The stay in the hospital was confusing, painful after the spinal block wore off, and incredibly noisy, thanks to the woman in the next bed who always had 17 of her closet relatives visiting her at any one time. Okay, maybe it was only five, but in a room really built to hold one bed comfortably, it was a squeeze. I was in Surgery Limbo/Bonzo Brain Land, a haze that persisted for weeks even after arriving home.
For the first week home, I coughed (pain pain pain) when I talked for more than five minutes. I couldn't pull up the blanket in the middle of the night. I ate applesauce at 3 a.m. in the bathroom so I could take my meds in the middle of the night. I slept more than I was awake, or at least it felt that way. I watched more TV than I normally do. I missed my quilting. I felt isolated, amazed/surprised at "friends" who never sent notes, or even called, to see how I was doing. I was intensely grateful for those who called nearly every day for quick conversations, just to gauge by my voice how I was doing. My husband kept everything going, including too many doctor appointments when I developed some complications.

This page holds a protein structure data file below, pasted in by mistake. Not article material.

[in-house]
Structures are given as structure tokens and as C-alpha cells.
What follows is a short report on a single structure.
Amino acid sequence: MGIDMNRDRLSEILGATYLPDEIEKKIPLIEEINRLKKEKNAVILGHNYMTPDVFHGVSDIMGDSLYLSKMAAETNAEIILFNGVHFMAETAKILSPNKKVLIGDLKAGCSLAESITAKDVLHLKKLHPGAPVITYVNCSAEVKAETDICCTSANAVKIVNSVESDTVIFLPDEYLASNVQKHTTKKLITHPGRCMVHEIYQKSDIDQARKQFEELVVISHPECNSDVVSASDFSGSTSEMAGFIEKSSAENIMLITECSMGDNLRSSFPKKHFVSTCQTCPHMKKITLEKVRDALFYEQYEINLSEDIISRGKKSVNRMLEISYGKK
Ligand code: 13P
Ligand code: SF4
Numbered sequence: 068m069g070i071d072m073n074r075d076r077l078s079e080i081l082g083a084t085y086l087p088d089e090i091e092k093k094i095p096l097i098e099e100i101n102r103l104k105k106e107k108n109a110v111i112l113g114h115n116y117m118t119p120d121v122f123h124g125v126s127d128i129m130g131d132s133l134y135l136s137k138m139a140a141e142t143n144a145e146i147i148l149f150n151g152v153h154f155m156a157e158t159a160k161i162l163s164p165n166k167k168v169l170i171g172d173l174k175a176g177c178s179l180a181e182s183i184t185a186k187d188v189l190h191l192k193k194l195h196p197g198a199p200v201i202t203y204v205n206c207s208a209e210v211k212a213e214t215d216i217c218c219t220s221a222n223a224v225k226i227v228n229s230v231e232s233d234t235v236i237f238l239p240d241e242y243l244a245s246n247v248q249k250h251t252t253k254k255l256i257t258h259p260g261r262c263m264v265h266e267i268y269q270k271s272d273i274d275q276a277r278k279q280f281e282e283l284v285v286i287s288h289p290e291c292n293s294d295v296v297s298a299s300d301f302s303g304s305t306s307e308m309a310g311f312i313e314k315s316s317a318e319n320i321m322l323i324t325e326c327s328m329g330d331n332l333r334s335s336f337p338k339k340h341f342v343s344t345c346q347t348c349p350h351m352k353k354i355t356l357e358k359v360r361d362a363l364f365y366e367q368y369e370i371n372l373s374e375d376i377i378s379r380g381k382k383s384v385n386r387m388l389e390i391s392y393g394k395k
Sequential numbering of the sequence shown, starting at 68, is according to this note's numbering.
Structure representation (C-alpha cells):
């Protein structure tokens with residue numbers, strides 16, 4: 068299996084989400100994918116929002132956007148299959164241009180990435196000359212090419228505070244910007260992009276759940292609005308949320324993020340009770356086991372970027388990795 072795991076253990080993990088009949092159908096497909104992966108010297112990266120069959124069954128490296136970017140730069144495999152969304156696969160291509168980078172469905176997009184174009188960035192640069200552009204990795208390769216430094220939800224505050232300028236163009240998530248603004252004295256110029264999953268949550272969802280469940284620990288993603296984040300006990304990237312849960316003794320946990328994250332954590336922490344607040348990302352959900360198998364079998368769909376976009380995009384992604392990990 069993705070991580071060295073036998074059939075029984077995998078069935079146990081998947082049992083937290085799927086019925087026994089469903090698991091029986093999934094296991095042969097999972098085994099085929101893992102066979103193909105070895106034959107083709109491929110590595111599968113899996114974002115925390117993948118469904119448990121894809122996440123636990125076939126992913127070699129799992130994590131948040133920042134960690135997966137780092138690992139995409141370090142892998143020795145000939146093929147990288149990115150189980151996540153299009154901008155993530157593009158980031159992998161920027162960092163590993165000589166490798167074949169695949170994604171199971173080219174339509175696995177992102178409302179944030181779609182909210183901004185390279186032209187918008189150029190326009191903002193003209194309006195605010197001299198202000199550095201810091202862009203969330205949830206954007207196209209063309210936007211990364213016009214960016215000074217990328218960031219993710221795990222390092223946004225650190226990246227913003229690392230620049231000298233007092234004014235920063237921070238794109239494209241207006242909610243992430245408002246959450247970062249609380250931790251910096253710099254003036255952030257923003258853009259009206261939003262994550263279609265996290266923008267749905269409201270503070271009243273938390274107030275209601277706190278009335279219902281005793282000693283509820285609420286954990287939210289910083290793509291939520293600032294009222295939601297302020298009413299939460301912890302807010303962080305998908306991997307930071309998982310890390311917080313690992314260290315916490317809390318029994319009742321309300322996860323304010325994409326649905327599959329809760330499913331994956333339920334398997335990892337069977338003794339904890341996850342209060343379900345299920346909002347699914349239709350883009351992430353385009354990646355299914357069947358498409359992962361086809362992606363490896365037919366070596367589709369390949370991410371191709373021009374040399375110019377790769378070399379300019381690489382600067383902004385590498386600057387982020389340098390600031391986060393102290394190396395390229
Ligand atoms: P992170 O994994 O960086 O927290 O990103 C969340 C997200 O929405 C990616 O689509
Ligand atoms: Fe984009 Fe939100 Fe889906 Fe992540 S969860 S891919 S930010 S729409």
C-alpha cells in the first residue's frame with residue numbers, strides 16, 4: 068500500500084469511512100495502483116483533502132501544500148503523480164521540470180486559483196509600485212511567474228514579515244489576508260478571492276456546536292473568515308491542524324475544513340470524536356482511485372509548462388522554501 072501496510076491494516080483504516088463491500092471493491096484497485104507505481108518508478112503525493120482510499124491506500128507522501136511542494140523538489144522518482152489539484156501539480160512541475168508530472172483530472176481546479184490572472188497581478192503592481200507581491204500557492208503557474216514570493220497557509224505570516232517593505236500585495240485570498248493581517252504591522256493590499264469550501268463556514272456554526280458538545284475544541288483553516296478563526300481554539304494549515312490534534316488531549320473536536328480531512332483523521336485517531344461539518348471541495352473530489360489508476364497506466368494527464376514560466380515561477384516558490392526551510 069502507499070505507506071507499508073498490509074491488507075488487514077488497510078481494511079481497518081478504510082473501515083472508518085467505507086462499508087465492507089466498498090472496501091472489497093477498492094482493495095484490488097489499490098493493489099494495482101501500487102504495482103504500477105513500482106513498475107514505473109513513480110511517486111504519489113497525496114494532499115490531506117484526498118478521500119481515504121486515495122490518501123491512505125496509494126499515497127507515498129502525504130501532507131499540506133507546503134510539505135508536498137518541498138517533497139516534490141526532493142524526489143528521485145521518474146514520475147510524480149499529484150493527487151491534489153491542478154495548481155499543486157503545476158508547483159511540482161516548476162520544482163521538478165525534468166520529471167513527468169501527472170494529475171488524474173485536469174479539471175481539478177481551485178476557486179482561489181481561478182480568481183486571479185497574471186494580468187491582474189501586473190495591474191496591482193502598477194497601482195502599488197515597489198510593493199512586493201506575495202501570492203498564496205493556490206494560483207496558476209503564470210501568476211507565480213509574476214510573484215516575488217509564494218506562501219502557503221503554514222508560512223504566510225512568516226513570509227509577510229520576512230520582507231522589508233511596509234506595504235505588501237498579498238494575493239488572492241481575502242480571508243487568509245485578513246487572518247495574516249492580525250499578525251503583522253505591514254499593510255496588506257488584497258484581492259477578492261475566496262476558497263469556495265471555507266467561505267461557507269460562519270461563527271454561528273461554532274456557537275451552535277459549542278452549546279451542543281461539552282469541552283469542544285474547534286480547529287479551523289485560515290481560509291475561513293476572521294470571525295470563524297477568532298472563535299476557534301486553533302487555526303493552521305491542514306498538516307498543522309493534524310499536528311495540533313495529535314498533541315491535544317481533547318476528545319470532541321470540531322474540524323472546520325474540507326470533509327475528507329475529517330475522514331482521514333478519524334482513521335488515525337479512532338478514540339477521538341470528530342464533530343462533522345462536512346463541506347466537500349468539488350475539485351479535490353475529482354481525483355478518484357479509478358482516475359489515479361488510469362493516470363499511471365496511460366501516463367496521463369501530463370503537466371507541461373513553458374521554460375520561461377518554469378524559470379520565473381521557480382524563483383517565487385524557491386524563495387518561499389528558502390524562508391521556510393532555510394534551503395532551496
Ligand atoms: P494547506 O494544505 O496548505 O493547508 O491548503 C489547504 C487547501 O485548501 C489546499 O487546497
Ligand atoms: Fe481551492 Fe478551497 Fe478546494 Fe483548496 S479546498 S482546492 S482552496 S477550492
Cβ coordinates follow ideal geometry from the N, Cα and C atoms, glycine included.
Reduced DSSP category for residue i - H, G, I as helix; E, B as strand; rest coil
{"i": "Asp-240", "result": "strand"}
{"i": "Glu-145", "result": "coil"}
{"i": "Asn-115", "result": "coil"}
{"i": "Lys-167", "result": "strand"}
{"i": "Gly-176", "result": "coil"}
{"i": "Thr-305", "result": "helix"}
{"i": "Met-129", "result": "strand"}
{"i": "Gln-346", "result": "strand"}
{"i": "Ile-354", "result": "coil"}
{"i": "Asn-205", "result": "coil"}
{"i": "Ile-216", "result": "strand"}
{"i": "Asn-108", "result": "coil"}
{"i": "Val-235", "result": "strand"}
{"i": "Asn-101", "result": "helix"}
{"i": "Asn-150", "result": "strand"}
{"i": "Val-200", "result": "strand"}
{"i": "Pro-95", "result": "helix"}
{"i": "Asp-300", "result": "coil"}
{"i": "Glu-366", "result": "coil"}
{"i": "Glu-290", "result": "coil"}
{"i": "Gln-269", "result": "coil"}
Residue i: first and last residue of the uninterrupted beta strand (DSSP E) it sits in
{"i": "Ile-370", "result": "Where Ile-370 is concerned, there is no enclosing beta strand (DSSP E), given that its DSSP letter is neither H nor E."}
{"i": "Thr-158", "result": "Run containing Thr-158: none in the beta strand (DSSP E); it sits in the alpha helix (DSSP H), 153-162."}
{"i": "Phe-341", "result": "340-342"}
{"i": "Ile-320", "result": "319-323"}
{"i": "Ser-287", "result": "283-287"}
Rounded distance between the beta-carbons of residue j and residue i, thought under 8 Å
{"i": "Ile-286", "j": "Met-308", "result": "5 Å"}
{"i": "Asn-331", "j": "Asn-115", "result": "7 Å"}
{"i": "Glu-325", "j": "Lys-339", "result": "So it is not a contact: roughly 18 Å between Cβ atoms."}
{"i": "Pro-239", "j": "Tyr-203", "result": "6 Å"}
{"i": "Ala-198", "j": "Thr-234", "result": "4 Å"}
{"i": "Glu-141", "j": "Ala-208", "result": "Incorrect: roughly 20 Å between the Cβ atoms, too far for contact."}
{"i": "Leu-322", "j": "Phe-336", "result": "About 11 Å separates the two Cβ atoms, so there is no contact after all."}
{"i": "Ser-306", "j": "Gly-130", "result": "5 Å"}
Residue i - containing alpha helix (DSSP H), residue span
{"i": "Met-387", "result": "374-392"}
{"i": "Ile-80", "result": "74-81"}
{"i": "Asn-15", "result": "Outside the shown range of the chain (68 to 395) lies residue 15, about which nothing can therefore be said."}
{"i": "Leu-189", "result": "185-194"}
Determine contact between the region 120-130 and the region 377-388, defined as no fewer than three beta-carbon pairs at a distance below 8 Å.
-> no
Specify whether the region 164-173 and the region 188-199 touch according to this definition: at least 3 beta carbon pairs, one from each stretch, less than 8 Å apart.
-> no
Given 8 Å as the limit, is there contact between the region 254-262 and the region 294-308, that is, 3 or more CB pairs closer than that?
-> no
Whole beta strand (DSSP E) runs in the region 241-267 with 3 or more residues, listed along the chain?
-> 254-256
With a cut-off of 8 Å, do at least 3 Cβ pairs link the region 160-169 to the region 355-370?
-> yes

This week is the fifth week post-op, and I have reclaimed much of my life. I can get in and out of bed, clothes, the car, and most chairs although I still avoid our squishy sofa. I can put a meal on the table, but am infinitely glad when my saintly husband does the dishes. I can do most of the laundry after the basket is brought down to the laundry toom, but when the bending over gets to be too much, he takes over. I can now read a book, a concentrated task unimaginable even two weeks ago. I have driven the car -- twice -- and am down to one short nap a day. My husband takes me out once a day just so the storms of tears and boredom don't overwhelm our calm existence.
But it's a lost summer, to me. The run-up was emotionally draining (worry worry worry). We're incredibly glad they didn't find any cancer, although I still have another scan for the spots in the lung, the little bits of anomaly which led to this whole experience. I knew it was to be a major surgery, but was probably unprepared for how large a space this would carve in my life.
While I'm still not seeing complete popsicles in my way (still a few more weeks of recovery), a lot of the obstacles have been dealt with. After a lost summer, I'm hoping that fall will bring a re-engagement with my life.